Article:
In this multi-part series, we’ll look at what organizations can do to better improve corporate security as part of October’s Cybersecurity Awareness Month. In this blog, our focus is on multi-factor authentication (MFA).
Believe it or not, computers in the old days didn’t even require passwords to get in. The threat wasn’t obvious since computers weren’t everywhere so when you powered a computer on and it was done booting, you’d just use it as needed. Once computers became common in the workplace and different folks had physical access to a computer, the user and password pairing was born. Still, some people, just like they do today, would just write the password on a Post-it Note and call it a day. Many people used ‘password’ or ‘12345’ as their password. The password has evolved and today most systems require a minimum of 8 characters including a number, a capitalized letter, and a special character, which make them harder to guess if you haven’t written it down.
Are passwords perfect now?
Nope. According to various studies, 81% of breaches are caused by poorly-chosen passwords. According to a CNET report in 2020, hackers have published as many as 555 million stolen passwords on the dark web since 2017. When you consider that many people use the same password or a variation of a single password, you can see how poor passwords and password-related practices continue to lead to breaches.
So, what can be done?
Enabling MFA is a start. Multi-factor authentication, sometimes referred as Two-Factor Authentication (2FA), comes in different flavors and not all are built equally. MFA can mean two passwords to two different Microsoft Active Directory (AD) servers, but this is rarely used. The most common is credentials (username/password) with a token. RSA and Google Authenticator are a couple of the more popular token app options. These tokens are multi-digit, one-time, and are short-lived, making them hard to guess and even if shared, as there is a short window where they are valid. The other method is a push notification to a different device. The MFA software is usually installed on a mobile phone and when trying to log in from a laptop, the user is prompted to acknowledge the access request and accept the request in a timely manner. The username/password would be something that the user knows, and the one-time, time-based token is something they have. This makes it harder, but not impossible, to steal.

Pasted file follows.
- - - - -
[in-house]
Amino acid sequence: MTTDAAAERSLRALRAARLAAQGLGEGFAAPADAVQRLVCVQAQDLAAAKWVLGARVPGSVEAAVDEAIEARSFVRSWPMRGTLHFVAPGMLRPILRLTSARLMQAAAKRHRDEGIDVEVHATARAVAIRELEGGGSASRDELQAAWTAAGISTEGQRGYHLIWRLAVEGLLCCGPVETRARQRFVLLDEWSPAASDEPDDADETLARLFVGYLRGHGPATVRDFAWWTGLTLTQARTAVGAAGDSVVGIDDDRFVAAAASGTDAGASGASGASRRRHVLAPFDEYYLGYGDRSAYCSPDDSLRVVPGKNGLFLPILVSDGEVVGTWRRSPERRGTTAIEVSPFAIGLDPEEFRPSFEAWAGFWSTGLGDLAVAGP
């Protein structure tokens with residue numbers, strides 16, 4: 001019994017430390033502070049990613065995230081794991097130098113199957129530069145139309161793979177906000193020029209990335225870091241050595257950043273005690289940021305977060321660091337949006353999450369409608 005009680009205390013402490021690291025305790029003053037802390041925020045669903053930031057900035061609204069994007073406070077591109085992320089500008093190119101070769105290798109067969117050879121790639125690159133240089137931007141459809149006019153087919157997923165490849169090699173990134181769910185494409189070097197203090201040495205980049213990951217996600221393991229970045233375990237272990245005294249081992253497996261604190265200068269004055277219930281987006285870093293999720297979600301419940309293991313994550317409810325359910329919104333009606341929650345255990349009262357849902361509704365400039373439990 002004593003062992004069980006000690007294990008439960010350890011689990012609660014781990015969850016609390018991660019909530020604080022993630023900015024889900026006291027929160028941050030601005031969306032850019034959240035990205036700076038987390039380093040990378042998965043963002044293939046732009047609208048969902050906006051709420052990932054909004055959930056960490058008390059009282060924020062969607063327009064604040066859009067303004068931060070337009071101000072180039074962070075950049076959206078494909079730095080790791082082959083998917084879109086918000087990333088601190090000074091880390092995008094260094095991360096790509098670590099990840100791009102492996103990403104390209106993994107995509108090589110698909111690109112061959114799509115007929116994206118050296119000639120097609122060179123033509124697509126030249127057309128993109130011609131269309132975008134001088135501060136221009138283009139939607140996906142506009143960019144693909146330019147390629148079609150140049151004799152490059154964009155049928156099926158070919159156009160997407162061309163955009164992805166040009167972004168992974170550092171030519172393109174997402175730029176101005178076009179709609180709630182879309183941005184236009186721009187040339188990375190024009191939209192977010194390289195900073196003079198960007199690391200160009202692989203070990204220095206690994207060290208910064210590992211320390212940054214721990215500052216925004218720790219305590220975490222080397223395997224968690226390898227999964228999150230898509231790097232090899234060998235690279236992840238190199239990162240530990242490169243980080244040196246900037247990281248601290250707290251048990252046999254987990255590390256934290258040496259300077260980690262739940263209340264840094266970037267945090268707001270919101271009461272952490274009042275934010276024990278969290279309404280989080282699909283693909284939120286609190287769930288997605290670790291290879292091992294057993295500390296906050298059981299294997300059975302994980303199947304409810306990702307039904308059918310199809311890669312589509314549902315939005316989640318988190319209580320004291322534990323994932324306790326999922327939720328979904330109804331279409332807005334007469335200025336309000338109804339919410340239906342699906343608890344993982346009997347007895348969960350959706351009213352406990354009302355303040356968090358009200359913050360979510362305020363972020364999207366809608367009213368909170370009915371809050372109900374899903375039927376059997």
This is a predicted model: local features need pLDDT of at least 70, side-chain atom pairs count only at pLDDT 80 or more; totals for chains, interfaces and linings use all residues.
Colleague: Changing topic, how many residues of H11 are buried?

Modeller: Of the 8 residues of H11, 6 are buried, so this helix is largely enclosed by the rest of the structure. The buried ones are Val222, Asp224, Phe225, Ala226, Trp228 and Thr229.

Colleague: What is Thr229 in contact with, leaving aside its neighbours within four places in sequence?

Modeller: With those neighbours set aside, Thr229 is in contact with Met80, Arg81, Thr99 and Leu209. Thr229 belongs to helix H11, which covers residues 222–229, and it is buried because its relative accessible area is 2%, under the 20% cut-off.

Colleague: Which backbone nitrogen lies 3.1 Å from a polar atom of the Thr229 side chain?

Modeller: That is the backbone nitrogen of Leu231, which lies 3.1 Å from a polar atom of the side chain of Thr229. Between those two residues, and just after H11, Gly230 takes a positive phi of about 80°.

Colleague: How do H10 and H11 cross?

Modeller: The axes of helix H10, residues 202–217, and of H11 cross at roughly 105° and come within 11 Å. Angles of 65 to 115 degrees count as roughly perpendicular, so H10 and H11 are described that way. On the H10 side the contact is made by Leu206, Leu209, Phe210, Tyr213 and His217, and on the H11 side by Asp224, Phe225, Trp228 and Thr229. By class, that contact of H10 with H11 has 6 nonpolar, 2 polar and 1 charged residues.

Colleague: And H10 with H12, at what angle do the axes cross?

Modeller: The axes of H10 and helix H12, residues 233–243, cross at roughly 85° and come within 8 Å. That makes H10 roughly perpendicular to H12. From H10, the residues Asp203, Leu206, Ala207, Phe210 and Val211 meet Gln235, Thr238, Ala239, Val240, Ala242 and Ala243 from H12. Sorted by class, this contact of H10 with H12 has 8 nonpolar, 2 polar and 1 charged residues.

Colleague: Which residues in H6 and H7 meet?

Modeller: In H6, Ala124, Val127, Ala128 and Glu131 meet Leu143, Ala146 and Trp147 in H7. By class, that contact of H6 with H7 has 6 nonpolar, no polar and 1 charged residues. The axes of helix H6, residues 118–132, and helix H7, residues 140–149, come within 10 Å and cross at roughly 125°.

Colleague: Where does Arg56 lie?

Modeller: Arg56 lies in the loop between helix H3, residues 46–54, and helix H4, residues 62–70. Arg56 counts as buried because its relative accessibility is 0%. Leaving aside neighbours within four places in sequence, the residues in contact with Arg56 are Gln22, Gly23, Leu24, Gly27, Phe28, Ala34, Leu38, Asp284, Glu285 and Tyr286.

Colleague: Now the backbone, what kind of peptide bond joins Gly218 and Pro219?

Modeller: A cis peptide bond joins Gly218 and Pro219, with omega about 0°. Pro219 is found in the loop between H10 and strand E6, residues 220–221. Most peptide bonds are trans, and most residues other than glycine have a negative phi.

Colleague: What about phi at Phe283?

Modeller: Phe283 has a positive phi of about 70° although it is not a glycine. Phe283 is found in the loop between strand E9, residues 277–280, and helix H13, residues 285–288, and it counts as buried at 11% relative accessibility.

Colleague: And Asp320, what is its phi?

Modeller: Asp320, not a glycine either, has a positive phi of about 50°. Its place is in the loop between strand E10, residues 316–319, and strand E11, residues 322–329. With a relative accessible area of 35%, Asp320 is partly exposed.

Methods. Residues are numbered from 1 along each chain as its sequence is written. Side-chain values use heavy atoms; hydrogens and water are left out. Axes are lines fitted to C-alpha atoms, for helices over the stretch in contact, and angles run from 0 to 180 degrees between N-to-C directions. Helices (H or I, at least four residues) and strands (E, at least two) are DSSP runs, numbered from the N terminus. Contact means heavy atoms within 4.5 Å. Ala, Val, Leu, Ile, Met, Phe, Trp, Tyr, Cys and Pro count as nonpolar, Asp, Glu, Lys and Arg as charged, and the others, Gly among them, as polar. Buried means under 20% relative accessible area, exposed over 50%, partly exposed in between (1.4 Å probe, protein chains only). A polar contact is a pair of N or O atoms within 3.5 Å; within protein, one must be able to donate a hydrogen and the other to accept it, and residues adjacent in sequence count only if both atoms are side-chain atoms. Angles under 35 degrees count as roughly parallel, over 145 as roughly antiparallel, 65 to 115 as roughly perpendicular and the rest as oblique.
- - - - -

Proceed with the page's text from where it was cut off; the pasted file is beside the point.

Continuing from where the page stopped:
As a best practice, do not use SMS (Short Message Service), also known as text messages, to deliver the numeric tokens. Attackers have increasingly been using SIM hijacking to intercept a mobile phone number and redirect the message to a SIM of their choosing.
In conclusion, MFA alone is not enough as we’ve seen with the latest MFA phishing attacks. Making sure you pair MFA with device trust (i.e., device-identity and device posture) compliance prior to access would drastically deter attacks.
Read our blog on the topic to learn a bit more about why MFA isn’t enough.
Stay tuned for Part 3 in our series.